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The last time Bill Nighy displayed his rangy yet precision-tooled physicality, his world-weary vocal and facial expressivity and his needling intellect on Broadway was in 2006 in The Vertical Hour. In that otherwise disappointing follow-up to Stuff Happens, playwright David Hare continued his reflection on the personal and political consequences of war, albeit with less incisiveness. It’s a pleasure to have the British actor back, and in top form, in the far superior 1995 Hare play Skylight, which also to some degree is about individual versus collective responsibility. Directed with probing clarity by Stephen Daldry, the beautifully acted revival pits Nighy against an equally compelling Carey Mulligan.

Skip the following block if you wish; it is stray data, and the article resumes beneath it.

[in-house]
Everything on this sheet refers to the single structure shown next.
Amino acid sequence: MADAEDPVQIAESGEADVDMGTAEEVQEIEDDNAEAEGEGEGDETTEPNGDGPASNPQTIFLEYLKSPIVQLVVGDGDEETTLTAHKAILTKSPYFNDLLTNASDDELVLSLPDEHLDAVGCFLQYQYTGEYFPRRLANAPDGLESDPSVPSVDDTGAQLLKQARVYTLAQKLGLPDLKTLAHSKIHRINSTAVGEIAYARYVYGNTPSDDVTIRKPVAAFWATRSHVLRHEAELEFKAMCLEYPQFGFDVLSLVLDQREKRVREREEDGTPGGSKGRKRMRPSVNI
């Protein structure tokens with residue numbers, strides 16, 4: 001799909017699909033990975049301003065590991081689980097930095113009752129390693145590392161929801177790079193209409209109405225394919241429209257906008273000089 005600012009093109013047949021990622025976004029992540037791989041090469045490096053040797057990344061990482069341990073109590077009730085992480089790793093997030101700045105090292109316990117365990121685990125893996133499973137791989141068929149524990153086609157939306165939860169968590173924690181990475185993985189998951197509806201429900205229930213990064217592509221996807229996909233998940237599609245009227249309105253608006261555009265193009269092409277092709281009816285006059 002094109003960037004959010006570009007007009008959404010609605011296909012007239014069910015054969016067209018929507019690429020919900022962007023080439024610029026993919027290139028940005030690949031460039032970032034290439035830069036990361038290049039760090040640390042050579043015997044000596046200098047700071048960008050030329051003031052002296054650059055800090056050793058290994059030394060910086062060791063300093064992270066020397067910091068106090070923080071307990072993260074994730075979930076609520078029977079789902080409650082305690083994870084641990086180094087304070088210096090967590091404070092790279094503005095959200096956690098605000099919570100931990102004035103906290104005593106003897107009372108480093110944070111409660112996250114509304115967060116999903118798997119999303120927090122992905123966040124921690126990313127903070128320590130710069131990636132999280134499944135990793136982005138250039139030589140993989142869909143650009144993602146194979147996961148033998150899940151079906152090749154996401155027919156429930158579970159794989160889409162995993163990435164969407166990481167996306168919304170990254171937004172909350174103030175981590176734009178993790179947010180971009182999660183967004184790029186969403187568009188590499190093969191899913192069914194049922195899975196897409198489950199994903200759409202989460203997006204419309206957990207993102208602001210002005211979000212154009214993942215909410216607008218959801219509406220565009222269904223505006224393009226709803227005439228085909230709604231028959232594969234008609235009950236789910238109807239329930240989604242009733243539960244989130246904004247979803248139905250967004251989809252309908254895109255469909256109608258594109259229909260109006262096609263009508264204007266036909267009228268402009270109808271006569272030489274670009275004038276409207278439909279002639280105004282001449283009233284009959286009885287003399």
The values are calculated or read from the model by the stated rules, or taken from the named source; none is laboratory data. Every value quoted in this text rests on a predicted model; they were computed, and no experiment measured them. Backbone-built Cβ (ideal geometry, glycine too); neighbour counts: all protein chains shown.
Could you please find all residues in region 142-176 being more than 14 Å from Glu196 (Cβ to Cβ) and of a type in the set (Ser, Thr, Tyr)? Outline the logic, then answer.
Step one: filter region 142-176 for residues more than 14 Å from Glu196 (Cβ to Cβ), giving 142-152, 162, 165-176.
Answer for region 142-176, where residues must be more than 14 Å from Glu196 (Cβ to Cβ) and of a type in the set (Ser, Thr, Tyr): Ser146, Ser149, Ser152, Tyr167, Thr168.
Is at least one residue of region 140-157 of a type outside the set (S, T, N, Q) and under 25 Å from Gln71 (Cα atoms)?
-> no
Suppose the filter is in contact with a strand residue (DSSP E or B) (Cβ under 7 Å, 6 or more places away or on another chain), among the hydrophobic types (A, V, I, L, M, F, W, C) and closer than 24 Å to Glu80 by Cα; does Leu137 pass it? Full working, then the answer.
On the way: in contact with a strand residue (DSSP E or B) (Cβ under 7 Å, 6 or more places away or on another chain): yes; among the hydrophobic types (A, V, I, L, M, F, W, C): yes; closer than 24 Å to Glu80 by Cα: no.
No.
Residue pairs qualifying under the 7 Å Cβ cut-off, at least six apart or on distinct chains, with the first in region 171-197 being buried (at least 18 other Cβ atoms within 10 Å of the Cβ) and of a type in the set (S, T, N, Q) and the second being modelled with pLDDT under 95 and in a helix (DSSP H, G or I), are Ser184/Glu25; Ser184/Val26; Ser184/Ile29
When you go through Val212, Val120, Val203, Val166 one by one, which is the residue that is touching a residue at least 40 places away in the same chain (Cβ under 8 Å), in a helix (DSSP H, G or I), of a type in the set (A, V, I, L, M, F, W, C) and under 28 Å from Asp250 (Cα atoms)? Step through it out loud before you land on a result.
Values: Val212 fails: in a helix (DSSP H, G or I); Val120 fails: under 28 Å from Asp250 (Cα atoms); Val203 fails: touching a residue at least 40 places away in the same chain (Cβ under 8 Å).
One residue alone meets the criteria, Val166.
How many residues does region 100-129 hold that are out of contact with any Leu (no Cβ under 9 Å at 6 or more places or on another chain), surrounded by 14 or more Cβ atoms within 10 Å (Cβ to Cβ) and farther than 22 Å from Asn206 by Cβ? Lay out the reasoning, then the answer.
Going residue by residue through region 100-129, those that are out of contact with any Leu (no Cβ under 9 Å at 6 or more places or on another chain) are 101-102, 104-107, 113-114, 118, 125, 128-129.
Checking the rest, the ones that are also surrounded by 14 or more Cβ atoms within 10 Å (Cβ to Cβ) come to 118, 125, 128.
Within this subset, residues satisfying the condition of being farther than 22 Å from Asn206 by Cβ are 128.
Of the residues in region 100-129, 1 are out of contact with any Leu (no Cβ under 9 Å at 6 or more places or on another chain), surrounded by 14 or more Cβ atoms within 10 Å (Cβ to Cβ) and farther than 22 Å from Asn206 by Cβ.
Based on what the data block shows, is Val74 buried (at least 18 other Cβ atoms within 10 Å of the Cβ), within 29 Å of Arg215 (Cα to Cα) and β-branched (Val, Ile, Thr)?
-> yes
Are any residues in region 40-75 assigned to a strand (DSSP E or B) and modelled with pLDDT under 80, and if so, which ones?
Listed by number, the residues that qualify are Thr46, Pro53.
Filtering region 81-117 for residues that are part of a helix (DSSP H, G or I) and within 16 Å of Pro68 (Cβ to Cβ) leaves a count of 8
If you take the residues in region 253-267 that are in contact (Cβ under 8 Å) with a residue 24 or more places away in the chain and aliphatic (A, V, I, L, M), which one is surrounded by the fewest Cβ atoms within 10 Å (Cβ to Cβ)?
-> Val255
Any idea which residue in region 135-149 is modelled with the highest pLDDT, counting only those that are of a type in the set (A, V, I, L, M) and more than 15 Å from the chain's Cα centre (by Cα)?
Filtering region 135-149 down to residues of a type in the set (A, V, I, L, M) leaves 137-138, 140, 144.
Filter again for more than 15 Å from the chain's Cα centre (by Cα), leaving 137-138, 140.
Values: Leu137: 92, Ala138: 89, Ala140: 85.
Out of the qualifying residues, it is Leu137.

The excellence of the production — which transfers intact from London and also includes Matthew Beard (The Imitation Game) in the small but essential role of the anxious 18-year-old son of Nighy’s well-heeled restaurateur — goes a long way toward finding balance in the play. While it has a terrific first act, Skylight ultimately works better as a complex relationship postmortem than as an issues debate about class, privilege and social conscience in a country of chasmic income inequality. But even when Hare stops inferring his point and starts using his characters as mouthpieces, this is riveting stuff, its commentary on the wealth divide as relevant now as it was in the immediate post-Thatcher years.